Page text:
Research explores problematic smartphone use in pandemic times


In a recent study, researchers identified an association between problematic smartphone use and poor sense of control, repetitive thinking, and fear of missing out (FOMO) during the COVID-19 pandemic in the spring of 2021. The study was published in the ‘PLOS ONE Journal’.

Julia Brailovskaia from Ruhr-Universitat Bochum, Germany, and her colleagues presented these results. Previous research had shown that during the COVID-19 pandemic, the use of smartphones increased significantly. While smartphones can improve daily routines and social relationships, their use can become problematic and negatively affect relationships, work, and mental or physical health. A better understanding of the factors that can contribute to problematic smartphone use could help inform efforts to prevent and manage such behaviors.

To provide new information, Brailovskaia and colleagues conducted an online survey of 516 smartphone users aged 18 and over in Germany in April and May 2021. The survey included questions to assess self-reported smartphone use as well as feelings of control, fear of negative thoughts, and repetitive negative thoughts – three factors researchers speculated could contribute to problematic smartphone use, especially during the COVID-19 pandemic. Statistical analysis of the survey results revealed that a low sense of control, fear of missing out and repetitive negative thoughts were, in fact, all associated with greater severity of problematic smartphone use.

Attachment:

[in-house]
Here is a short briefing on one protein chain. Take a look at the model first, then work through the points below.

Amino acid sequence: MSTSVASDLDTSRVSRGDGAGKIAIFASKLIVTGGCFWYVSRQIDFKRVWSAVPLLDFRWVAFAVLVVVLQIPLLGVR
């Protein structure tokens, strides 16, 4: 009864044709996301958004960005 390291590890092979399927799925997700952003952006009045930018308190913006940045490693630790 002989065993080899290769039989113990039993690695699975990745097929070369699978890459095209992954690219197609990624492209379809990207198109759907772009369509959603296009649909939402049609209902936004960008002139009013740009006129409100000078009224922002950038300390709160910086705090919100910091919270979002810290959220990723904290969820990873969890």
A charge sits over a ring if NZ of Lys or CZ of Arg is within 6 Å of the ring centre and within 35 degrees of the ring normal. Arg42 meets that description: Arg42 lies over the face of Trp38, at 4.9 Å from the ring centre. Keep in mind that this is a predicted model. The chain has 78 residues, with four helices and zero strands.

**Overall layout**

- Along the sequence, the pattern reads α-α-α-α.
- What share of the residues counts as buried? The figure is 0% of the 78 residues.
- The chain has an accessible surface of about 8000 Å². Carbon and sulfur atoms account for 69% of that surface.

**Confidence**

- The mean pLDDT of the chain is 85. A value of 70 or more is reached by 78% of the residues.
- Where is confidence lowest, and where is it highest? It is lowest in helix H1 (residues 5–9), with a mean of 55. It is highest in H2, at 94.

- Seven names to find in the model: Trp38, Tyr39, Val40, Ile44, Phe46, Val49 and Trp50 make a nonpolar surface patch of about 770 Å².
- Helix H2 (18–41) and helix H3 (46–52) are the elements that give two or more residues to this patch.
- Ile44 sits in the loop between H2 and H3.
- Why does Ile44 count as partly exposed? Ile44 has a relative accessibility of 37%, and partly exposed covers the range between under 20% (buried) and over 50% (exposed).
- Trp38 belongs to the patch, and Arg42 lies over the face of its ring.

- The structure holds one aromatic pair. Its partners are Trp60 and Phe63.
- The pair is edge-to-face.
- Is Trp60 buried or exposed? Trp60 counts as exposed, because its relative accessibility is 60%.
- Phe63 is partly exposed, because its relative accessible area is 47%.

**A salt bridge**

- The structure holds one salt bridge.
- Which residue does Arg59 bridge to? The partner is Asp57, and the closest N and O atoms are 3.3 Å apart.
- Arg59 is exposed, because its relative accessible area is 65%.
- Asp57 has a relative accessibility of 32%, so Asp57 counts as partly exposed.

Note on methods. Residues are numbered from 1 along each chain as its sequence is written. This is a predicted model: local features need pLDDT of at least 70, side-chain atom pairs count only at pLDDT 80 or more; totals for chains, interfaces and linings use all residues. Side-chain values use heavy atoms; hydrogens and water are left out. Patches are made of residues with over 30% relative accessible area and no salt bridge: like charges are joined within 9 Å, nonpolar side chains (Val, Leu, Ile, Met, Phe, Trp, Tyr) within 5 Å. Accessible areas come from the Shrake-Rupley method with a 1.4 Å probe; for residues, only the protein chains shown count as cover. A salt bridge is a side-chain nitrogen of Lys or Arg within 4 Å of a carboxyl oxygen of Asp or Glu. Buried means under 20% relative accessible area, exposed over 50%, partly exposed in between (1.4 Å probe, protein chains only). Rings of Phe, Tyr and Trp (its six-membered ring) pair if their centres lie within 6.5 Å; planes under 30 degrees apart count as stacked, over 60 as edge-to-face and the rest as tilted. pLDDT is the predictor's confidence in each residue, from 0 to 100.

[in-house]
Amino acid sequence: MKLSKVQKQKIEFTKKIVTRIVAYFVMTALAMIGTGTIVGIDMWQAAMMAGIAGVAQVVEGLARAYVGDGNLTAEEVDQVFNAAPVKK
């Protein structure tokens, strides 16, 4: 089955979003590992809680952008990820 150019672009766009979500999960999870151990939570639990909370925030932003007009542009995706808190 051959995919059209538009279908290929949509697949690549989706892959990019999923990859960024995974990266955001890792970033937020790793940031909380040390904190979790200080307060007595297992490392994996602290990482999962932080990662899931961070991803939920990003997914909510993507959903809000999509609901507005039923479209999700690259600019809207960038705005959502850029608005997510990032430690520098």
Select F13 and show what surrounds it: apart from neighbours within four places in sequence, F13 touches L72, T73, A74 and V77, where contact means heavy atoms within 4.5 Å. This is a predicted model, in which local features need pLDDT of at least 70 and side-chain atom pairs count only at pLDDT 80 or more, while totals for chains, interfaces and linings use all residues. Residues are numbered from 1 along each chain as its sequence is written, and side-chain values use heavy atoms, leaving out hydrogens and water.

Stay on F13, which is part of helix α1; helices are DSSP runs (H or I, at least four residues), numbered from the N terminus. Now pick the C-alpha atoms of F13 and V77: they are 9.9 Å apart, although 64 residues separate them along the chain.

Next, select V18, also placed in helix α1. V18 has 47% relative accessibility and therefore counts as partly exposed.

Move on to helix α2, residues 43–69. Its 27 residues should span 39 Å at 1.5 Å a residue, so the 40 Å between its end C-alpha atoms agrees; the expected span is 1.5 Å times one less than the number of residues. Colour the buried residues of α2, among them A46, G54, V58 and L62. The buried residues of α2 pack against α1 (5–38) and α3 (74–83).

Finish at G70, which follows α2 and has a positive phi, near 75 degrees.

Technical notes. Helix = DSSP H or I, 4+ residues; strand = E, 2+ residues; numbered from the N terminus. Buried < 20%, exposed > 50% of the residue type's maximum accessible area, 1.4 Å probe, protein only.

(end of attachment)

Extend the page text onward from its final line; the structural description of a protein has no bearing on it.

Although the results did not prove the causal link, the statistical analysis also suggested possible interactions between the four factors. On the one hand, fear of missing out can be a key mechanism by which a low sense of control could lead to problematic smartphone use. Meanwhile, a higher degree of repetitive negative thinking was associated with a stronger relationship between fear of missing out and problematic smartphone use. The sample was composed mainly of women and rather young participants; the authors suggested that the study be replicated in more age and sex balanced samples from other countries, to ensure that the results are generalizable to other populations. Additionally, the study was conducted during the pandemic when participants ‘usual daily routines may have been disrupted, possibly affecting participants’ sense of control. Nonetheless, the results are consistent with the hypothesis that loss of control – as experienced by some during the pandemic – could increase the risk of problematic smartphone use.

Based on their findings and previous studies, the researchers proposed that physical activity and mindfulness practices could help reduce problematic smartphone use. The authors added, “Problematic smartphone use is fostered by the interplay of loss of control, fear of missing out, and repetitive negative thoughts.” (ANI)

(This story was not edited by Devdiscourse staff and is auto-generated from a syndicated feed.)